The best way to cut it off, therefore, is to eliminate your greatest individual source of interest by identifying the card that charges the most and paying off its balance first. Once that’s done, move on to the next one, and then the next. Most people can’t magically pay off all of their debts at the same time, or even in quick succession, but it’s better to first tackle a card charging 20% interest and then move to one charging only 16%. 2. Transferring your debts can pay off If you can’t manage to pay off your credit cards with the highest interest rates, your next best bet is to see whether you can transfer those debts to a card with a more favorable rate. This will allow you to save money on interest charges as you chip away at your total balance. If you’re looking to go this route, here are a few cards to consider: Chase Slate: Chase Slate offers a 0% introductory APR on new purchases and balance transfers for 15 billing cycles. Not only that, but it doesn’t charge an annual fee or a fee on balance transfers made within 60 days of opening the card. It does, however, require good credit, which usually means a FICO score in the upper 600s or higher. You can read our full review of Chase Slate to learn more.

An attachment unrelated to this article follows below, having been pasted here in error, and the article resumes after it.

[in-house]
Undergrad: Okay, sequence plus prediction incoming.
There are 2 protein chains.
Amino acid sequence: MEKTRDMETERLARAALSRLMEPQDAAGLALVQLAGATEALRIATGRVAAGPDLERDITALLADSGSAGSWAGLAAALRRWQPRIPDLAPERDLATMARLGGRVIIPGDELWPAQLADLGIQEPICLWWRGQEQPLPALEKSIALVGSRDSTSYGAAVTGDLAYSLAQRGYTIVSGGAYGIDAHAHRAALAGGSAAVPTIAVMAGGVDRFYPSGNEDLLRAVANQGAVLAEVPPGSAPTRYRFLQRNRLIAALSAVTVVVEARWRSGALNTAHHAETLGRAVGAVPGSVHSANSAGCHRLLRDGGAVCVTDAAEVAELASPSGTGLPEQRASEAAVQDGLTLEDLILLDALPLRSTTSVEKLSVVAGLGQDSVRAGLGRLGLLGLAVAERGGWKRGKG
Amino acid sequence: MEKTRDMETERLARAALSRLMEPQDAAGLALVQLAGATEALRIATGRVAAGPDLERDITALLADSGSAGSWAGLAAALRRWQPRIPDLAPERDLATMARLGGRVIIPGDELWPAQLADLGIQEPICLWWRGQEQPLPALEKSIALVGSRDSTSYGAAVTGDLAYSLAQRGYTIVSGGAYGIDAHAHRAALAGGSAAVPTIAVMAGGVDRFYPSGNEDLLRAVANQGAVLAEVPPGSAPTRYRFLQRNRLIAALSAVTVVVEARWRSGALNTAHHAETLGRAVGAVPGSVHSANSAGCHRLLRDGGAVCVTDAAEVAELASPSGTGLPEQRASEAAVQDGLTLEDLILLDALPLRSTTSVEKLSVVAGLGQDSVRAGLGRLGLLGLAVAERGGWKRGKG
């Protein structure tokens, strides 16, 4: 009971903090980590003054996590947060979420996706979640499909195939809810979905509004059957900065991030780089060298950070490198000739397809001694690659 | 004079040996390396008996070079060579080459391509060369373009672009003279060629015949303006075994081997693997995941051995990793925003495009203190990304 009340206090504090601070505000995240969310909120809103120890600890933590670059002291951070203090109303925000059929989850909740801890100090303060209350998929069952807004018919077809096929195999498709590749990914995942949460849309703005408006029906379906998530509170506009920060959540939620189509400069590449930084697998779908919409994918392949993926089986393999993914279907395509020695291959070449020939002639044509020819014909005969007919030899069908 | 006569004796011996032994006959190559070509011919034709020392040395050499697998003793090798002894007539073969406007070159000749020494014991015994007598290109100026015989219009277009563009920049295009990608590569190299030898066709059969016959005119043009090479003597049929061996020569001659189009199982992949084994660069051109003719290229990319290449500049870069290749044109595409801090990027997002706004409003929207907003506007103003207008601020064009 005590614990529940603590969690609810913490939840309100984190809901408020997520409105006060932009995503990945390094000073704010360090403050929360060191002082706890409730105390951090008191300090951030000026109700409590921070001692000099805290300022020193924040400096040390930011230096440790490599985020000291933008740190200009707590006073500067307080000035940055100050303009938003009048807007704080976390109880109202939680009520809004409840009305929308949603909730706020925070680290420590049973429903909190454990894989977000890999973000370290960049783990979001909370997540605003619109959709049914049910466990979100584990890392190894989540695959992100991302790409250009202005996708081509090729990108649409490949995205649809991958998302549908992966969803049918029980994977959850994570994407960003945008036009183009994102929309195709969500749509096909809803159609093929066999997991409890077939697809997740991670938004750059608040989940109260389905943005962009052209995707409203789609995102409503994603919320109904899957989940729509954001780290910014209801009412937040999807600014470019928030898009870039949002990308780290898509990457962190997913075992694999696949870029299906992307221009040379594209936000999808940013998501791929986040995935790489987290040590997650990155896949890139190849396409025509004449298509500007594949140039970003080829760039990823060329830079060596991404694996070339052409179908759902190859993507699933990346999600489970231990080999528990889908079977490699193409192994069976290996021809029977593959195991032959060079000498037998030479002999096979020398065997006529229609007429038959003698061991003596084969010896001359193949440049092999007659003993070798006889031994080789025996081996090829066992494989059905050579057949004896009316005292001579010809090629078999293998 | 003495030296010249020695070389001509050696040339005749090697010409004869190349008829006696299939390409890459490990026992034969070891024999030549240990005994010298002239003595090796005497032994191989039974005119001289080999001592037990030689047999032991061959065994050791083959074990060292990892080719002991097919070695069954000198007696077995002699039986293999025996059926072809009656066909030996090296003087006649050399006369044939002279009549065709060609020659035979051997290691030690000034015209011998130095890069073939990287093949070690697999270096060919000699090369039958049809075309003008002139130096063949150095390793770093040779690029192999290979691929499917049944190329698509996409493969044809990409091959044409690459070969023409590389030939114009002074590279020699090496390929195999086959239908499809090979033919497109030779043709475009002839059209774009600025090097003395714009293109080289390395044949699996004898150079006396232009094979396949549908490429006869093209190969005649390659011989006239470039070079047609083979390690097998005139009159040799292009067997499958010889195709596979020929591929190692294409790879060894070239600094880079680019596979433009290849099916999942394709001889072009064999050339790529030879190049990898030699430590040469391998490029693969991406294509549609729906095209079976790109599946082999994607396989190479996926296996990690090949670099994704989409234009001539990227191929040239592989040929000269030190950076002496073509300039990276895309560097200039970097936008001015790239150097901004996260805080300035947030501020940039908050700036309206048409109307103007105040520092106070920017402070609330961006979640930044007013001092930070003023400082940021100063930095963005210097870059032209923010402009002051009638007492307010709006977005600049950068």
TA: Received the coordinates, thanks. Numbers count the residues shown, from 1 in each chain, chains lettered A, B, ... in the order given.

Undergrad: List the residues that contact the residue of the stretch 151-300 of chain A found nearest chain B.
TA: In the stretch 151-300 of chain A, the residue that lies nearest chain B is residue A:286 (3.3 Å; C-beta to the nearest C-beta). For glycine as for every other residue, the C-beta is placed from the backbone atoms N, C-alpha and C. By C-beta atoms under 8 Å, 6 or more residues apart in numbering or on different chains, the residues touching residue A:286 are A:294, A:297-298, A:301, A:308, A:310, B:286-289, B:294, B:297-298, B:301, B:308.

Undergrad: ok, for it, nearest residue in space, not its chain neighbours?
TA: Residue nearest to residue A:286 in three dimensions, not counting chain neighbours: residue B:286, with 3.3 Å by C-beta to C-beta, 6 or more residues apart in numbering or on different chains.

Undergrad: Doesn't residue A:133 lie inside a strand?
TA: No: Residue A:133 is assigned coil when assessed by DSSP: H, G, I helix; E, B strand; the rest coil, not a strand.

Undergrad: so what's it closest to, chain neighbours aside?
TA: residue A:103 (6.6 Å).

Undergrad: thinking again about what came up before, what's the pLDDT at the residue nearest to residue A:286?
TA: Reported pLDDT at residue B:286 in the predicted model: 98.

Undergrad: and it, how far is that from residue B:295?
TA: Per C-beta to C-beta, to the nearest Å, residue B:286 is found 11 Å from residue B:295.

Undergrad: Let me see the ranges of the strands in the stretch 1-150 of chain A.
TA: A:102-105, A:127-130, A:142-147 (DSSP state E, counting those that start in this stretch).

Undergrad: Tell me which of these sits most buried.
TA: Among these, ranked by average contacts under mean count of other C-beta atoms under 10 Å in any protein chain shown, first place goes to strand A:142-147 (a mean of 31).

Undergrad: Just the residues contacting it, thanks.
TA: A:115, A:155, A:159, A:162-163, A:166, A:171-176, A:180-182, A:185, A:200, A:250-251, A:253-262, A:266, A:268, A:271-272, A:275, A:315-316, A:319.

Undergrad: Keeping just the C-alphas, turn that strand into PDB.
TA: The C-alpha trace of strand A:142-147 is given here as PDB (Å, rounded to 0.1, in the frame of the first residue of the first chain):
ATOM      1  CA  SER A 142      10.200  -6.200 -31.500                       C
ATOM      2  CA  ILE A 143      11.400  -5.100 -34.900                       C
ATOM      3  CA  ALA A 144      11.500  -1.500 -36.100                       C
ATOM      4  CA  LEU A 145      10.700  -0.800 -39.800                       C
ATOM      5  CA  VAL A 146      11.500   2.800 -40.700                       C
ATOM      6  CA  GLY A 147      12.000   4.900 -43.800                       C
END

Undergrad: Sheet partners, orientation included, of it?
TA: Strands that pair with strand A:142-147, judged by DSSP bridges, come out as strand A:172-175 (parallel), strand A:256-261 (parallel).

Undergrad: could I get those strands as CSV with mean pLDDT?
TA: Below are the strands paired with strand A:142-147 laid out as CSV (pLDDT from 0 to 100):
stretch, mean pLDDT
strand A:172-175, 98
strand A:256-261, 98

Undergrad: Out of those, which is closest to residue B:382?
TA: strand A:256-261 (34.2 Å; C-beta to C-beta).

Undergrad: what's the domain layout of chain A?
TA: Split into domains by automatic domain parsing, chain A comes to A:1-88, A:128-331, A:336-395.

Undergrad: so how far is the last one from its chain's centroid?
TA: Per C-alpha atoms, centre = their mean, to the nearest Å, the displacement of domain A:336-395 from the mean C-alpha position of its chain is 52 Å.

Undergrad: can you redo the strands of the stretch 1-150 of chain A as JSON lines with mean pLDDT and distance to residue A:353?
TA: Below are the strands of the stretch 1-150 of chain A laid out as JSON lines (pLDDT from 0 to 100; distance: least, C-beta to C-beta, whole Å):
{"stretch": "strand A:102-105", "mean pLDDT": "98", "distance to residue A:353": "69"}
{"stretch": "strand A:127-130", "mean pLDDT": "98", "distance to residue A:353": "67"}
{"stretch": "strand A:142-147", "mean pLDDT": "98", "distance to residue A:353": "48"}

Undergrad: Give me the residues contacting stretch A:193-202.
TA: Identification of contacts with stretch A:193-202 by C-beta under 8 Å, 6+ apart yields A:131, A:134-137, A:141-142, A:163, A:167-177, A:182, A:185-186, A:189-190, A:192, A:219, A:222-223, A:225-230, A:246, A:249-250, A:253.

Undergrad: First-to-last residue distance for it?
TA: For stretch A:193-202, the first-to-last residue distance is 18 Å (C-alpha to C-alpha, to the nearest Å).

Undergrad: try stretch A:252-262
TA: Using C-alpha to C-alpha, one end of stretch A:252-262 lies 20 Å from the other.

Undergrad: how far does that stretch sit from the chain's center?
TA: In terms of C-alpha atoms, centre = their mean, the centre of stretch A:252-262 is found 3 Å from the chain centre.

For the original version including any supplementary images or video, visit https://www.fool.com/credit-cards/2017/04/18/3-credit-card-debt-tips-you-should-know.aspx?Learn Moreyptr=yahoo